Another anthology, lent originally by another poet friend, was Adam Czerniawski’s The Burning Forest, an anthology of Polish poetry, which introduced me to the poetry of Czeslaw Milosz, of Wislawa Szymborska, of Zbigniew Herbert and of many others.   This again was an immensely important opening of a window into another world, a European culture at the edge of the Latin watershed. 

I feel that I have only begun to look at the pieces which make up my broken jar, have turned over only a few fragments in my hands. I am also aware that there are many rich literatures of which I am shamefully ignorant; I think particularly of African literature.   The gift of translation has operated for me at two levels.  All the books which I mention were given to me as gifts, or lent to me by friends who wished to share their pleasure.

Over the past number of years I have had poems translated into a number of languages and have done a little translation myself.   I was particularly happy and honoured recently to have had poems translated into Japanese – a peculiar kind of coming home, since reading Japanese poetry was one of my motivations for beginning to write.  Another pleasure has been collaborating with  singers Mairéad and Tríona Ní Dhomhnaill, and harper Kathleen Loughnane in translating seventeenth, eighteenth and nineteenth century Irish songs into English for album cover notes – an exploration of the emotional history of earlier centuries. 

Our debt to the translators is endless and the accounting is as impossible a task as assembling the fragments of Benjamin’s jar, of putting together all the subtleties and refinements of the thousands of languages of the world to make one completely expressive language, of restoring language to the state it occupied before the first stone of the tower of Babel was laid.   

Fortunately, however, a good story travels and sloughs off linguistic skin after linguistic skin as it makes its journey.   A number of years ago, in Hibernian Nights, a collection of folk-stories gathered by Seamus MacManus in the north west of Ireland in early years of the twentieth century, I came across the motif of the cleaning of the Augean stables.  Heracles would have been very surprised indeed to find himself in Donegal, heavily disguised as Dermod, the King of Ireland’s son.  In collaborating on a translation of a tenth century Irish Lament, a lament for the death of a queen’s son, I was intrigued to find amongst the list of  Irish names, historical and mythological, of mothers who had suffered bereavement, a reference to Hecuba grieving for Hector. Before the end of the first millennium, motifs from Greek mythology had been absorbed, translated, into Irish consciousness.

When I was making my first attempts at writing poetry I wrote a poem called ‘Thalassa’, based on a story from Xenophon’s Anabasis , told to me by my older brother, Seamus, who had learned it in his Greek class in school,  It was the story of the Greek armies arriving home, utterly spent after a long campaign in Persia, fearing that they would never see Greece again, struggling over the crest of the mountain, suddenly seeing the Black Sea below them and running down the mountain crying ‘thalassa, thalassa’,  ‘the sea, the sea.’  The image had lodged sufficiently in my mind, when my brother had told it to me as a child, for me to write about it twenty years later.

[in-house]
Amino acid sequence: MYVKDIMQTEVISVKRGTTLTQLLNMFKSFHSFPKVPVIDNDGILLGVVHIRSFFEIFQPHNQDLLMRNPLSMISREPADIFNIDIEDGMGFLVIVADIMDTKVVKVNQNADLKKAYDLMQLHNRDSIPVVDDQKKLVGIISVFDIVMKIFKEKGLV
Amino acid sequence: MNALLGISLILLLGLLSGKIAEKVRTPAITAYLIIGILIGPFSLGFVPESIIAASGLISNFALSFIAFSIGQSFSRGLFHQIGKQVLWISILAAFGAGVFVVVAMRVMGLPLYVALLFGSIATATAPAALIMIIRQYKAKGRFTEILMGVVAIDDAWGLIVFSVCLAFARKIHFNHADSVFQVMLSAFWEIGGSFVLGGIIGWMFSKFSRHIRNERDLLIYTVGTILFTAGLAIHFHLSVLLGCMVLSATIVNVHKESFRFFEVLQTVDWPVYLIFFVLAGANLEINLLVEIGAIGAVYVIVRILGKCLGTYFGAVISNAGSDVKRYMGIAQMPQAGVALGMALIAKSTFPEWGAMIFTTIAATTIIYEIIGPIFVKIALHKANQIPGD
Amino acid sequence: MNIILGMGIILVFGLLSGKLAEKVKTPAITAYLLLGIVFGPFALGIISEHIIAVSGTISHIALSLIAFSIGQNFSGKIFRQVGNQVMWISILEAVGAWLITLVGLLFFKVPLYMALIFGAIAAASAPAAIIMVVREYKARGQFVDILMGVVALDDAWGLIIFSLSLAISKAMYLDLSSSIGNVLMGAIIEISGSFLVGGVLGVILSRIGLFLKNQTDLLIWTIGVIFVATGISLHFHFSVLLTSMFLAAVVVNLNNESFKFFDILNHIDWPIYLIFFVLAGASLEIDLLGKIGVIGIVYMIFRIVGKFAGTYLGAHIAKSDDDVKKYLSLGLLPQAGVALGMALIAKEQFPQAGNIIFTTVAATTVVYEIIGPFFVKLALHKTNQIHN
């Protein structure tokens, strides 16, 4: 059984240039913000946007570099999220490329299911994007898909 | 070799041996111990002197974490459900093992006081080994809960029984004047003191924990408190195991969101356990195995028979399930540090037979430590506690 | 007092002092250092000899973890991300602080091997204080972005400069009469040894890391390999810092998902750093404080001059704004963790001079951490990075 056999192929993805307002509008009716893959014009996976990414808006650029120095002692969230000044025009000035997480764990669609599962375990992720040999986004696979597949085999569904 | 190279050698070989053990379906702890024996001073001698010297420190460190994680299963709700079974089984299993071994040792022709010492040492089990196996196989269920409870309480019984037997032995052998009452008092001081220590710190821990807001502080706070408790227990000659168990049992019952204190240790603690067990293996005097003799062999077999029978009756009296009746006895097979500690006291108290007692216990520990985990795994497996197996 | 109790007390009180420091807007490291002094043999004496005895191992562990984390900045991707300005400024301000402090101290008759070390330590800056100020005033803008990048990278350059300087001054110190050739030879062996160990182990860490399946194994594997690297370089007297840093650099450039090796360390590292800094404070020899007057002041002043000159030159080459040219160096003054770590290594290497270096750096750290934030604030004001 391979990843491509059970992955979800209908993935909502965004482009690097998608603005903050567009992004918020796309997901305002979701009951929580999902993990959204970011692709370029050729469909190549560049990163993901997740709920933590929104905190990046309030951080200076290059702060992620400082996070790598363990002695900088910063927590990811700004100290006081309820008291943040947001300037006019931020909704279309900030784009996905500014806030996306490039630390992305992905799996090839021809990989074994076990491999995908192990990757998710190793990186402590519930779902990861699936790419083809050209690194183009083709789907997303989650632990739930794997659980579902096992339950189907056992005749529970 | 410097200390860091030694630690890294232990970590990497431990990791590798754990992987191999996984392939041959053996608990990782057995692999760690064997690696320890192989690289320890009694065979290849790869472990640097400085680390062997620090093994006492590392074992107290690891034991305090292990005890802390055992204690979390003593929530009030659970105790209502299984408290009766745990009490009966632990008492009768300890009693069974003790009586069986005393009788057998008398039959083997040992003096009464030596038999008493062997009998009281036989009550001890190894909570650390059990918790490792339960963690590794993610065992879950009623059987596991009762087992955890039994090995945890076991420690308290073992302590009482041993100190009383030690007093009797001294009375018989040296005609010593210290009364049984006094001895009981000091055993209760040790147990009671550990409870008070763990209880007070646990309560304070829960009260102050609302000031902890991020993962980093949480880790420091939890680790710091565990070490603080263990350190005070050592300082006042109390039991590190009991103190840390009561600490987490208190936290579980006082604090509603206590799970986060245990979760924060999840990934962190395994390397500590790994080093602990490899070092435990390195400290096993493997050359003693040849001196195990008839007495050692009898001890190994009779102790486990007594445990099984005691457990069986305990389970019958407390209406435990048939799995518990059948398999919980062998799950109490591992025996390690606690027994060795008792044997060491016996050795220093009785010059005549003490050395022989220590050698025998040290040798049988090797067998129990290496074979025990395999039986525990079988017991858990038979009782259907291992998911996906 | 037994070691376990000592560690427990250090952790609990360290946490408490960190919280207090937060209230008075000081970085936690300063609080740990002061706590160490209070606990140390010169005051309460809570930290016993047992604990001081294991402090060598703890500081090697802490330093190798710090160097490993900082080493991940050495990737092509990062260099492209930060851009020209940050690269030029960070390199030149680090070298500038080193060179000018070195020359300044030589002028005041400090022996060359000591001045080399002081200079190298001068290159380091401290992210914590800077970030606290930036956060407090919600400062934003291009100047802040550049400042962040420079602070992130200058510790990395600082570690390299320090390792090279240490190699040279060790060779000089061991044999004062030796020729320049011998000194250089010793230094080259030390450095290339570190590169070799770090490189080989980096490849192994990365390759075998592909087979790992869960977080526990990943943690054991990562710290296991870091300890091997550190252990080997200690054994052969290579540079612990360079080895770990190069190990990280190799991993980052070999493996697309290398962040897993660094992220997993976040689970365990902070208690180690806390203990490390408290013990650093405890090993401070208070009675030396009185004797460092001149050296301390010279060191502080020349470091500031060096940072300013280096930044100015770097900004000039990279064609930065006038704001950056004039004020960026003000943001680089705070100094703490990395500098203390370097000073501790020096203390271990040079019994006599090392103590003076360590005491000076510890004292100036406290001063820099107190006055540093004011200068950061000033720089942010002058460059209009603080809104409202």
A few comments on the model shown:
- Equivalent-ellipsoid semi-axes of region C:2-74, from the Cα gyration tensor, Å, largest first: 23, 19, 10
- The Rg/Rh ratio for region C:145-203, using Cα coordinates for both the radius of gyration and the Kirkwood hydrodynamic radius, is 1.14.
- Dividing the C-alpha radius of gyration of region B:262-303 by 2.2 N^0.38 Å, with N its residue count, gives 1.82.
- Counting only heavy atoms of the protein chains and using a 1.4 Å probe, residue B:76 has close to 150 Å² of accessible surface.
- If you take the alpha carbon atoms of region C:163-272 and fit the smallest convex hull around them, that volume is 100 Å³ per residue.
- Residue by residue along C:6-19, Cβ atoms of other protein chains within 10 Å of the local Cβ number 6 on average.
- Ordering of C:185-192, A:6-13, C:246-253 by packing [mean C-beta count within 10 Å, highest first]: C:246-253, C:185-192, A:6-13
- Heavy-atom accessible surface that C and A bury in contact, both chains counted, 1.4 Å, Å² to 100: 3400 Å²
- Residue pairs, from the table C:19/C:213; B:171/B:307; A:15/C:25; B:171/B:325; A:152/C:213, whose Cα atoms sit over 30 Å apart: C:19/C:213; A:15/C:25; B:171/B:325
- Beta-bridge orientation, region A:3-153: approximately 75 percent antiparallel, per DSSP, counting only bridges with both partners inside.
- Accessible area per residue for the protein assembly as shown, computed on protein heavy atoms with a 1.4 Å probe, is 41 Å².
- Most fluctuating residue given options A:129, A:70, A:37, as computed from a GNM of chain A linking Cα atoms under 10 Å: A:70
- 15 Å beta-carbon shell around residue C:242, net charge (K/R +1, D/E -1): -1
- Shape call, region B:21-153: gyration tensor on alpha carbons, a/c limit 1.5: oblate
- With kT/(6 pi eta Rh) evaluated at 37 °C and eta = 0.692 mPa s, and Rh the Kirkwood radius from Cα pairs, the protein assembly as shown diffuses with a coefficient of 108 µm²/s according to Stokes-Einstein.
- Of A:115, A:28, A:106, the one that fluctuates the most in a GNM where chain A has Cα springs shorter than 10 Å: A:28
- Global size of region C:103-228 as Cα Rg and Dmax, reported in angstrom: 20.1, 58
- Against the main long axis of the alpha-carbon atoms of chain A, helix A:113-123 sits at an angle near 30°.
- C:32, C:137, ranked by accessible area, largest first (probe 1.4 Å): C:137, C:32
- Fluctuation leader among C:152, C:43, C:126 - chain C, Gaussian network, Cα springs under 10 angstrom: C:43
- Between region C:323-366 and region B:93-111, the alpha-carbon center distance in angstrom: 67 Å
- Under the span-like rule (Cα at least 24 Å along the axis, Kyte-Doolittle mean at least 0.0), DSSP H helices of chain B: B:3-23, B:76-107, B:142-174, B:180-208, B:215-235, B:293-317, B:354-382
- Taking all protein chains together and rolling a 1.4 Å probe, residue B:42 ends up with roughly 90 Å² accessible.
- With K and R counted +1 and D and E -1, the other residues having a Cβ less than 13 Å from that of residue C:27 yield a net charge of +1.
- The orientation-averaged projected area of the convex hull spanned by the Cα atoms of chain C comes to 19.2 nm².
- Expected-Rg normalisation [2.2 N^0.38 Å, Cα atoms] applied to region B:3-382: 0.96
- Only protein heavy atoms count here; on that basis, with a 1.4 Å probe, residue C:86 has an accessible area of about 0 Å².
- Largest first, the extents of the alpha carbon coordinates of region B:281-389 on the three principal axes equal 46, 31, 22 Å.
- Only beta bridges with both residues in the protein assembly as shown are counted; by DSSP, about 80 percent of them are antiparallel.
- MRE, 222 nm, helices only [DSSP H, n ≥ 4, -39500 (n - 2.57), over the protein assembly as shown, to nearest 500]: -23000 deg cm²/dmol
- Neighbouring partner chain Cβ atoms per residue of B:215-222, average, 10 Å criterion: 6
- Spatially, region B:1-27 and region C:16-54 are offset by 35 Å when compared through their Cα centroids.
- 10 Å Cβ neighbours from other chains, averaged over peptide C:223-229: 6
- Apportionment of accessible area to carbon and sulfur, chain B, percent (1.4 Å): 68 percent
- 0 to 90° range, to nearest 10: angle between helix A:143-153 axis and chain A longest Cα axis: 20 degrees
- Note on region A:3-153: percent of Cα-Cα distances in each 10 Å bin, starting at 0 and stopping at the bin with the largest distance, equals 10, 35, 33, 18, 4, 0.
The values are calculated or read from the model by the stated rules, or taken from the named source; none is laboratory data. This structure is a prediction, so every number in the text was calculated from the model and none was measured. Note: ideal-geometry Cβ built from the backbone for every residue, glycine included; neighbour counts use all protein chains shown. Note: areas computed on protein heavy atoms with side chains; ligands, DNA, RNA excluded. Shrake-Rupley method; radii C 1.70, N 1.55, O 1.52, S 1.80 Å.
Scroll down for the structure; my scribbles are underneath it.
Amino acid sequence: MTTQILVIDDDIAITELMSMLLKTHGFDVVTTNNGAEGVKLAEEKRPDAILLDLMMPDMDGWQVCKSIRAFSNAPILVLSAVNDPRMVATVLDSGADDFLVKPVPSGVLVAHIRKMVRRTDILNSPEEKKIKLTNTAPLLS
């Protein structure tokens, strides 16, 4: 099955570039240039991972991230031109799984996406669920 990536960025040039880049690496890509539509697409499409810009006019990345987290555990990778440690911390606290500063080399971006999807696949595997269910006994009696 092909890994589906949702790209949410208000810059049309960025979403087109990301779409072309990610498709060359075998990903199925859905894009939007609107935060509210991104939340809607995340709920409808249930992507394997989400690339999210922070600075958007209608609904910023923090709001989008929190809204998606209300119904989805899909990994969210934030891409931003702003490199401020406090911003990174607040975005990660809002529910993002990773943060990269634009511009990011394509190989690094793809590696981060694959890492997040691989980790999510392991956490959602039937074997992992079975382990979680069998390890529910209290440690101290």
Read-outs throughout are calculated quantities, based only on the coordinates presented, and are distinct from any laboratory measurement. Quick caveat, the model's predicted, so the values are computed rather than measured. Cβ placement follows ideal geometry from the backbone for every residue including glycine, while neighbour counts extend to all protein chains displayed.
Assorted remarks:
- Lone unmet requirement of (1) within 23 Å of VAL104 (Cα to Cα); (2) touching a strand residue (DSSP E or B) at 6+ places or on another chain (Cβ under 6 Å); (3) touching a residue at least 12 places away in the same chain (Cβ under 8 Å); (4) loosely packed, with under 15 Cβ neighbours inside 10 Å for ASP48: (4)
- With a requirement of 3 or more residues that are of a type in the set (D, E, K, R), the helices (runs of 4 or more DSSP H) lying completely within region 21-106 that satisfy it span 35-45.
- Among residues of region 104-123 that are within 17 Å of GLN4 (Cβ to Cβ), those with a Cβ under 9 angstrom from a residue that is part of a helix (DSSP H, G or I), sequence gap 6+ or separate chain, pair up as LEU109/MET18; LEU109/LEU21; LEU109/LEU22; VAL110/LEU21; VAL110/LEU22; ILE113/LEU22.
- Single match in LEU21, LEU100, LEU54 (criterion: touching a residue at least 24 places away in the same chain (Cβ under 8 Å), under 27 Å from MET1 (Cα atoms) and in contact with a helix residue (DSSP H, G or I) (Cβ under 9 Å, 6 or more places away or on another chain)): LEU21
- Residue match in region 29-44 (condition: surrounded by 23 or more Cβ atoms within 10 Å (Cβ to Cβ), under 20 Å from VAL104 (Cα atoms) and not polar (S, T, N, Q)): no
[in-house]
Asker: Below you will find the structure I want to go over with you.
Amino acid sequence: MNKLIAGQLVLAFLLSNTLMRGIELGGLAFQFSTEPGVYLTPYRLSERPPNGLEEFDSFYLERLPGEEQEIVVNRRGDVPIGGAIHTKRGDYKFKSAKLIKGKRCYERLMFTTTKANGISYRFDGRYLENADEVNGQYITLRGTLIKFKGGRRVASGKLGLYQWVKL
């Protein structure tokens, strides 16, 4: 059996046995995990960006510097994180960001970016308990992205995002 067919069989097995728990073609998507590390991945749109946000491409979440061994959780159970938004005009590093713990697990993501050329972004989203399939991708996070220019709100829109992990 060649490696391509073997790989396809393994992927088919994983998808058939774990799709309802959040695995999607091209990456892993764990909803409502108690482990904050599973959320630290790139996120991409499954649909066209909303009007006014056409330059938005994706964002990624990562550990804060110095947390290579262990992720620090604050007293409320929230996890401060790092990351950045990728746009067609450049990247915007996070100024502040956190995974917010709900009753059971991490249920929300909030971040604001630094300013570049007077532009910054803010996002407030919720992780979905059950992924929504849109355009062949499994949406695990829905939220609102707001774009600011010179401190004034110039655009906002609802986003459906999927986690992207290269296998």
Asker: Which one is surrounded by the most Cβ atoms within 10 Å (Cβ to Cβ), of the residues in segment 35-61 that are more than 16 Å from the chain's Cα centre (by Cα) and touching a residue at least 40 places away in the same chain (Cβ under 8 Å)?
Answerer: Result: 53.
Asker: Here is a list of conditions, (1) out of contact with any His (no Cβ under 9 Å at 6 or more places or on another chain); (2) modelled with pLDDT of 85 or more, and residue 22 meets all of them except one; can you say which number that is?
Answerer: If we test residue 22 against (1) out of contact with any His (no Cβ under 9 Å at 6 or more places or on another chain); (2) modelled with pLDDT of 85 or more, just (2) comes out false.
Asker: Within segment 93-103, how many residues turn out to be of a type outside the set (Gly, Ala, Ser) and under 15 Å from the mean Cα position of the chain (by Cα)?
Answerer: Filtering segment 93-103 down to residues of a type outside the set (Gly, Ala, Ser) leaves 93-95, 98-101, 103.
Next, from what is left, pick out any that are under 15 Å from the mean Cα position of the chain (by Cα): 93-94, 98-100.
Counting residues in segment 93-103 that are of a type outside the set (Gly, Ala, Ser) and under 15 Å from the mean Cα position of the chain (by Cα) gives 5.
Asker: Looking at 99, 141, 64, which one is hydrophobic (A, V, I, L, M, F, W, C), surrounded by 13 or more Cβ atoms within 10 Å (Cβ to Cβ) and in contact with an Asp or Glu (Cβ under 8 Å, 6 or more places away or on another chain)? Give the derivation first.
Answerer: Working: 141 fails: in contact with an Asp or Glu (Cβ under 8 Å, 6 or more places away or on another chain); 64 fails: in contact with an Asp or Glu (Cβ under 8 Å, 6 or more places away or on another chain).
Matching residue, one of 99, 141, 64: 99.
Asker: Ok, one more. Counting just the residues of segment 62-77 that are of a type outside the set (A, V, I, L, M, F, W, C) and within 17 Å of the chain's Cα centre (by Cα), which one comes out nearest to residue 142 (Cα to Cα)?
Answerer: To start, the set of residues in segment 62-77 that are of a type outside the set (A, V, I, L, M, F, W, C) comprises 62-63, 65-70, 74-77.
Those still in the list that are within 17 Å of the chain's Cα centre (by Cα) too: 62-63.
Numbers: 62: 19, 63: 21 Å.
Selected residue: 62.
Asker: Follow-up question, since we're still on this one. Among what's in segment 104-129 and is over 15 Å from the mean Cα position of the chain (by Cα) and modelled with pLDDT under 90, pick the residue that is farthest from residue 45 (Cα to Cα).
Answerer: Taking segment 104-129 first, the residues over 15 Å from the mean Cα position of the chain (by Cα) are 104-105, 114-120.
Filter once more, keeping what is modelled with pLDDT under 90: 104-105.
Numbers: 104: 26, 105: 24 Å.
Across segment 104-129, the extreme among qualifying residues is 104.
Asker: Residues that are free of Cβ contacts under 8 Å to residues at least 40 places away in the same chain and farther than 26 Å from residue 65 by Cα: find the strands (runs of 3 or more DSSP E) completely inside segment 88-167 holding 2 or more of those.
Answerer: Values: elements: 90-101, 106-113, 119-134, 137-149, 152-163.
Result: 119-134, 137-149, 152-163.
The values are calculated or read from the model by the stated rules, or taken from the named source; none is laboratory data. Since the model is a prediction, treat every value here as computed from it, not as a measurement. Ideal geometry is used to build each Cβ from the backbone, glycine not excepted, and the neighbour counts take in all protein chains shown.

After the poem was published, I discovered that there were hundreds of poems called ‘Thalassa’ – that it was the least original of poem-titles because so many others had been enchanted by precisely the same story.   But it may be that this is what Benjamin is talking about too – that what is translated is not a particular language, but the language of imagery which language carries within it, like a nut in a shell, an inner language accessible to, intelligible to, all cultures. He writes:

For what does a literary work ‘say’?  What does it communicate?  It ‘tells’ very little to those who understand it.  Its essential quality is not statement or the imparting of information.  Yet any translation which intends to perform a transmitting function cannot transmit anything but information – hence, something inessential.   This is the hallmark of bad translations.   But do we not generally regard as the essential substance of a literary work what it contains in addition to information – as even a poor translator will admit – the unfathomable, the mysterious, the ‘poetic’ something that a translator can reproduce only if he is also a poet?  

Perhaps there is something exhausted in us all which rushes towards the sea, knowing it as home.

(Delivered at Encontro Internacional de Poetas, Coimbra, Portugal, 2010Published in New Hibernia Review, Spring 2011.)